Report: Celtic made contact with Eddie Howe shortly after Lennon resignation, delay explained

By Euan Davidson

April 2, 2021

A report in The Scotsman has suggested that Celtic contact with Eddie Howe in February.

The article states that while Scott Brown was made an offer he couldn’t refuse, Howe was seeing how the land laid in England’s top flight.

After Neil Lennon’s resignation, Celtic were keen to land the ex-Bournemouth boss [Scotsman]. However, with uncertainty surrounding the dugouts of Newcastle United and Crystal Palace, the former EFL Manager of the Decade wanted to float his value.

According to the report [Scotsman]:

“Howe has been warming to the job offer from Celtic not merely because the club have long coveted him and are willing to meet his expectations over transfer budget, backroom structure and salary.

“A swaying factor is that there is only uncertainty surrounding his previous desire to reactivate his coaching career in the English Premier League, which ended when he resigned from Bournemouth on August 1 last year following their final-day demotion days earlier.

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“If Howe only had eyes for Celtic, he would already have been in position for more than a month. As soon as Neil Lennon made way in late February, contact was made with his representatives.

“It is understood he then fed back that the proposition was seriously interesting, but that his preference was to wait and see what the managerial shakedown was in the English top flight come the season’s end.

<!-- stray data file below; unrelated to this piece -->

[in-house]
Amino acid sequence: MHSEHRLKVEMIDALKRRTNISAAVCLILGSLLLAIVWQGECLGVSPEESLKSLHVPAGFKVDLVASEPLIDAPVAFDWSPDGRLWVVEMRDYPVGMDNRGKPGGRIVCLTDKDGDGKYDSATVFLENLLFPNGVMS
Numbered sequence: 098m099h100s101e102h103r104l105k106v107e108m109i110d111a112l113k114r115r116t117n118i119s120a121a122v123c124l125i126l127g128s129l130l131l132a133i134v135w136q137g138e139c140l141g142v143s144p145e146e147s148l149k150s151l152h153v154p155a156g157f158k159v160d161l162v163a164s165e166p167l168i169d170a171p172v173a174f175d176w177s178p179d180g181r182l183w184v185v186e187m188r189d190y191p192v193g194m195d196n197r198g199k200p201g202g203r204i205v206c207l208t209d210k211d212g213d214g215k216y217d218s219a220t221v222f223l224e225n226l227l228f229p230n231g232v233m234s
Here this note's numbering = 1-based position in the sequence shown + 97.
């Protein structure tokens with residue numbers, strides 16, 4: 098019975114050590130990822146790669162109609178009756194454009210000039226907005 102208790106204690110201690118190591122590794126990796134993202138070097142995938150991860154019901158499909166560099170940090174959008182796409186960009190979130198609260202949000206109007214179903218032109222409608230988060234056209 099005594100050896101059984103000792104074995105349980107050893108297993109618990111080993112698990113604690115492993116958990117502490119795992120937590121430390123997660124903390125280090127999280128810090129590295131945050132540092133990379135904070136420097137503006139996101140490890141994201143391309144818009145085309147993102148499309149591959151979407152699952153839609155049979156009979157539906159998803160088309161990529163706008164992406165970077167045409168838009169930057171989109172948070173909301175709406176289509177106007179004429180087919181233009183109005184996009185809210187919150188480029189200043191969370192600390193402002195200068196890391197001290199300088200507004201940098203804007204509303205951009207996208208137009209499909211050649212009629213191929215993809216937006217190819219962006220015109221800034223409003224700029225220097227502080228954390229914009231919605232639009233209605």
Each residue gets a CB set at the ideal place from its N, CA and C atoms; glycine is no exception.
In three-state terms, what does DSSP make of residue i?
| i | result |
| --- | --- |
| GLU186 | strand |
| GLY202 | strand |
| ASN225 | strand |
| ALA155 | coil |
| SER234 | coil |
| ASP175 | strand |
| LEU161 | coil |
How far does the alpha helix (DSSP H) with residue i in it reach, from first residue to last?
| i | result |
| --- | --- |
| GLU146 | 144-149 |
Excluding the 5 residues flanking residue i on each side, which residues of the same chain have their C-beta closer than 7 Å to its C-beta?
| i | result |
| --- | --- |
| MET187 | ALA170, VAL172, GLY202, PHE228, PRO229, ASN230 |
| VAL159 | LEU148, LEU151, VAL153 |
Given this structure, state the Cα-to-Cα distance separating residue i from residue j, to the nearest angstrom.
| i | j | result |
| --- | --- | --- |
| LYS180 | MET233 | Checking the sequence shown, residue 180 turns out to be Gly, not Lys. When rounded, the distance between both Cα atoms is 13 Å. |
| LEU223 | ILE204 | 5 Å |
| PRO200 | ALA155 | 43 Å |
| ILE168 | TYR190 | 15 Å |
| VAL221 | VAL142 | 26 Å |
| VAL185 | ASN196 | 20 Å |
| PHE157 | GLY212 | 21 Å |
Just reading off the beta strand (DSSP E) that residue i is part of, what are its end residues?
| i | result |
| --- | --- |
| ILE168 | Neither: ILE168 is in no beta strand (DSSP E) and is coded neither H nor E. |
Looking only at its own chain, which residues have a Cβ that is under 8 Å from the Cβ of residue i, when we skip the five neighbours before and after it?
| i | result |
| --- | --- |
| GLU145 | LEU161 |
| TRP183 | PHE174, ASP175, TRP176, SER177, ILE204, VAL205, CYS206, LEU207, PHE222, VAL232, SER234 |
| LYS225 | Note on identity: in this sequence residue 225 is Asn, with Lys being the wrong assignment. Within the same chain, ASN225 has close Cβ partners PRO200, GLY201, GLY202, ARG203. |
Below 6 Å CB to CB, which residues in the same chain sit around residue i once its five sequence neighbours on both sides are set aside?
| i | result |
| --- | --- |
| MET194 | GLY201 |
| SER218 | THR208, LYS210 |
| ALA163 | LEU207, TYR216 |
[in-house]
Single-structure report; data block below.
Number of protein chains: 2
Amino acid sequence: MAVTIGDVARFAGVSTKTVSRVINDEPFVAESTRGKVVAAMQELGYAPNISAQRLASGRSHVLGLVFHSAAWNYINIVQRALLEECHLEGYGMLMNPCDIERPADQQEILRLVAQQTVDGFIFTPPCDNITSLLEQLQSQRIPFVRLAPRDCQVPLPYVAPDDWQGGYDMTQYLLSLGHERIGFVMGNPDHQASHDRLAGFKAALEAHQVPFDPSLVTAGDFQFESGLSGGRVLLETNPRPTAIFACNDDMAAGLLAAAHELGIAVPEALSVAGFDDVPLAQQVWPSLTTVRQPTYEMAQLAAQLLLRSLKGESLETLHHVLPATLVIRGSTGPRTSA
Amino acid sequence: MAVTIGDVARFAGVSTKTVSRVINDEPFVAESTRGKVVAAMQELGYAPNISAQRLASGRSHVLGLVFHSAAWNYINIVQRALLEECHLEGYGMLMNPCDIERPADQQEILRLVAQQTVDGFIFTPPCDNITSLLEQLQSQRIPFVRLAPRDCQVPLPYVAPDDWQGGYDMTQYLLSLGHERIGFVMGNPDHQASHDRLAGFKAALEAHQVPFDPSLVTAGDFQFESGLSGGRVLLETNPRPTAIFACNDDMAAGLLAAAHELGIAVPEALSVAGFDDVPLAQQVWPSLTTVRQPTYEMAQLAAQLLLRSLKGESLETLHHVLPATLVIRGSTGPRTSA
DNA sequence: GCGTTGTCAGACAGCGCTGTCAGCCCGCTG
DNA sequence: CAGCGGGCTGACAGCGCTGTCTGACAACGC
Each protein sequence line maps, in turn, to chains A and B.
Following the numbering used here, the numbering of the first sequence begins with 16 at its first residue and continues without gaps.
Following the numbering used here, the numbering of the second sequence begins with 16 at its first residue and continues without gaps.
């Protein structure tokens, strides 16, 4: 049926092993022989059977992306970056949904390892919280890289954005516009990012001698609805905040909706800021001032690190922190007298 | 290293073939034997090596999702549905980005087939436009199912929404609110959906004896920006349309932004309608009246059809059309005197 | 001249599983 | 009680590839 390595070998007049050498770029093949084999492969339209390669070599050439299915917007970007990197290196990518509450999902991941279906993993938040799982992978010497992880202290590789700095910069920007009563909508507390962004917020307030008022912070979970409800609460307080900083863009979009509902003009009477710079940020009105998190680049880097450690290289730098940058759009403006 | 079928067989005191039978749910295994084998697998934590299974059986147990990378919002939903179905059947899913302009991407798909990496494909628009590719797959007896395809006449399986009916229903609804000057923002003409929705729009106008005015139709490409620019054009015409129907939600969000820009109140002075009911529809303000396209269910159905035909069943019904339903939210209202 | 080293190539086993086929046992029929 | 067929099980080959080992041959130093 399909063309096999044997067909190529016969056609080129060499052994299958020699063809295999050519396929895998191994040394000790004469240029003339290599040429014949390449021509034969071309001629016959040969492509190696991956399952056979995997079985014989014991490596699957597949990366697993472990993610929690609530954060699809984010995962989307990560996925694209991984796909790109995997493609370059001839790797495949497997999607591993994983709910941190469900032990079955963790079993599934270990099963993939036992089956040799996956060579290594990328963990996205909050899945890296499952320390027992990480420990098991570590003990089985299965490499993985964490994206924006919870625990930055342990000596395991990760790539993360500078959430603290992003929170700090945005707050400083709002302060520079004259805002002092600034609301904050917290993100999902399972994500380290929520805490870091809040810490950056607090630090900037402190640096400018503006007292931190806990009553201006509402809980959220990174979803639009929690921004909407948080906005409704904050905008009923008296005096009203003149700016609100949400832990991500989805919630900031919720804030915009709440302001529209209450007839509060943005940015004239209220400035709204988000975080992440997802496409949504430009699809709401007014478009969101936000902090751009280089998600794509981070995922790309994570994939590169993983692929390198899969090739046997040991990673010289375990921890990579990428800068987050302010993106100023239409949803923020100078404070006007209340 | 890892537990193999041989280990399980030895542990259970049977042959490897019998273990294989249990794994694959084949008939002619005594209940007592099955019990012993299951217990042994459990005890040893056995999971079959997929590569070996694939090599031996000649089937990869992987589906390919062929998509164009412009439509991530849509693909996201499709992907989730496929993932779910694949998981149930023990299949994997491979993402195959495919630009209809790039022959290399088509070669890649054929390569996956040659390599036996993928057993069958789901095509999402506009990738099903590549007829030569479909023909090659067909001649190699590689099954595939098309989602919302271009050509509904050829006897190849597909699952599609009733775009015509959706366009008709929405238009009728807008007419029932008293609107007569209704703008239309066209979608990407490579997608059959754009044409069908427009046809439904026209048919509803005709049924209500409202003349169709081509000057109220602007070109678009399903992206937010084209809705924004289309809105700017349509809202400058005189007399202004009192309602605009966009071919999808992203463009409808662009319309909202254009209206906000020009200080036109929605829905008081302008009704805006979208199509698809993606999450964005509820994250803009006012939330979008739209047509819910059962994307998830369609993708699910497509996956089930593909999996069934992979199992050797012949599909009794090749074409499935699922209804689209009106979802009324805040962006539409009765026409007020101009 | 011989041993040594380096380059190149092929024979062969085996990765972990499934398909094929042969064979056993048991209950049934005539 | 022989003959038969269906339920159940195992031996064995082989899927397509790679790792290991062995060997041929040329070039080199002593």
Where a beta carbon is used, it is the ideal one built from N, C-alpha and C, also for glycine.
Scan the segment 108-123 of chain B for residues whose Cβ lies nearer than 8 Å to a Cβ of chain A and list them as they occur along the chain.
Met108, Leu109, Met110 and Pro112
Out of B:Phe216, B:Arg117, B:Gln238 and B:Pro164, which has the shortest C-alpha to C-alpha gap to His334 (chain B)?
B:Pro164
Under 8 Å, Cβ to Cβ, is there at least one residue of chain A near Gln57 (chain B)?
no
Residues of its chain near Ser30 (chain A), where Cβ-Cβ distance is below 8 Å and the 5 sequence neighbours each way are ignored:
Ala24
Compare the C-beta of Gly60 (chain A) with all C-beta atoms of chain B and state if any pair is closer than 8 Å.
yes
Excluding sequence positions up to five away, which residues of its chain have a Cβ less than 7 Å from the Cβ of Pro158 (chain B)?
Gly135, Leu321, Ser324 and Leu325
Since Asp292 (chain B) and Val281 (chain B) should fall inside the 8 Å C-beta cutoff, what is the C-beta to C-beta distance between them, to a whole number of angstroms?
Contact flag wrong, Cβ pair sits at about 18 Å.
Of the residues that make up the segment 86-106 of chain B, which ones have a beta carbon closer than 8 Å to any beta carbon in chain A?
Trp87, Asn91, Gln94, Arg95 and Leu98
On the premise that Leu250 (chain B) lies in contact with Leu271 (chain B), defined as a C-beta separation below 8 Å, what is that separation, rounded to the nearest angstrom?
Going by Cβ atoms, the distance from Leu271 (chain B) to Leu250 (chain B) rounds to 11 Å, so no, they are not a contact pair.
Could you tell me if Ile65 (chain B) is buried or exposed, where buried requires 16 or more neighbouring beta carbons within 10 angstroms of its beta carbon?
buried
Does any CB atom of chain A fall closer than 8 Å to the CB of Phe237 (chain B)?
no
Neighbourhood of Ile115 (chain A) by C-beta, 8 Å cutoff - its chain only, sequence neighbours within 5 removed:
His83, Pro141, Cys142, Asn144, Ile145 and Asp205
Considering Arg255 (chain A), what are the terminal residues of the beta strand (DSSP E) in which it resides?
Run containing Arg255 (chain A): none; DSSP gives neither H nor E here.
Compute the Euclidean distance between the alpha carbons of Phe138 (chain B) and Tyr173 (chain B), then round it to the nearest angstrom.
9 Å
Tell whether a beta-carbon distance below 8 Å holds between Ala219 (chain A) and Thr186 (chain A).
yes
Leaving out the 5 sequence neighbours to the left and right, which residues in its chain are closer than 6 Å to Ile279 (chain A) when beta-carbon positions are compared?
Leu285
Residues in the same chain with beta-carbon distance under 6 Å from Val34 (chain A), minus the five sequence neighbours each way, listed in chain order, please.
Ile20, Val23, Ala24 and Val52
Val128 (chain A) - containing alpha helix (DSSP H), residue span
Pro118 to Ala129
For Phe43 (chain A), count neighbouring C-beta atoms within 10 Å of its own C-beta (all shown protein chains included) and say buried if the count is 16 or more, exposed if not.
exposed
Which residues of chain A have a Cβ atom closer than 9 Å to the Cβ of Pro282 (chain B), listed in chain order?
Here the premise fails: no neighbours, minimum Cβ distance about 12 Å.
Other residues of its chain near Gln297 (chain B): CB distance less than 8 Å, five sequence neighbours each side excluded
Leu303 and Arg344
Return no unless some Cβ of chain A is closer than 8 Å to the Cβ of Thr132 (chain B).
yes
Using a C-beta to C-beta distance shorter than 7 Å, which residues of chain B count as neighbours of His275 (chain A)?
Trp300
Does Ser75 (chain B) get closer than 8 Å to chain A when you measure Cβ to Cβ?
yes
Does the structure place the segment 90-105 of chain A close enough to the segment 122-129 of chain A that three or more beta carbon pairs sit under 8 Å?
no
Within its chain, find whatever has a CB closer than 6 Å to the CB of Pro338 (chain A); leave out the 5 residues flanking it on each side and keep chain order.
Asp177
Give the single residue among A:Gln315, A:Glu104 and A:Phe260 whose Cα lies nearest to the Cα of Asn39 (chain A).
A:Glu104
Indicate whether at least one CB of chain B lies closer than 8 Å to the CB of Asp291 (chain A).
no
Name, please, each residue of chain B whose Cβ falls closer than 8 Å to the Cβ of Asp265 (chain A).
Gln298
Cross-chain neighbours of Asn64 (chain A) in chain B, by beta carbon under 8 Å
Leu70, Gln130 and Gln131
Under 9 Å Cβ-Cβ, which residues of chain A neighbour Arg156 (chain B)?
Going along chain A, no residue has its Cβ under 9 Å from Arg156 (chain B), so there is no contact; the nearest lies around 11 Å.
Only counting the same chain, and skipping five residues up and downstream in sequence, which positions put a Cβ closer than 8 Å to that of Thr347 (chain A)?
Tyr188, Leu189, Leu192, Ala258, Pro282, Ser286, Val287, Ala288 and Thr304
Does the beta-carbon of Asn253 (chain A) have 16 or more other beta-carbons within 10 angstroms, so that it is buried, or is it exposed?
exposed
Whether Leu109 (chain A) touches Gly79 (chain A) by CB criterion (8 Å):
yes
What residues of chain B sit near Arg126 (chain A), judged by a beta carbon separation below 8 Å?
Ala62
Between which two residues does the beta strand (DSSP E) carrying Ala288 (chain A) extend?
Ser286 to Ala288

“[It’s] been reported Howe turned down two English Premier League clubs in recent weeks.”

Howe: in demand / (Photo by Paul Gilham/Getty Images)

Eddie Howe has every right to test his value in domestic football

Of course, Eddie Howe doesn’t owe Celtic anything. In much the same way Brendan Rodgers would’ve tested the waters before joining Celtic, so too would Howe.

The report claims that Crystal Palace were a particularly interesting option. However, with the league table looking as it does [Premier League], it seems counter-productive for Howe. Involving himself in another precarious relegation dog-fight after a decade of scrappy survivalism isn’t the most temping offer.

Instead, should he join Celtic, he can win trophies. He can compete in European football from the off. Of course, we see most everything through Green-tinted glasses. Even then, though, surely 60,000 supporters every other week is a hard temptation to resist.

Joining a club the size and stature of Celtic helped out the likes of Brendan Rodgers and Martin O’Neill, long-term. If Howe has designs on the England job, it’s worth noting that O’Neill and Strachan went on to international management. Should he want to eventually try managing abroad, the Champions League or Europa League are a good advert for his talents.

There’s still so much opportunity for things to wrong from a Bhoys perspective.

But we’d rather be hopeful for a Howe era at Celtic Park.

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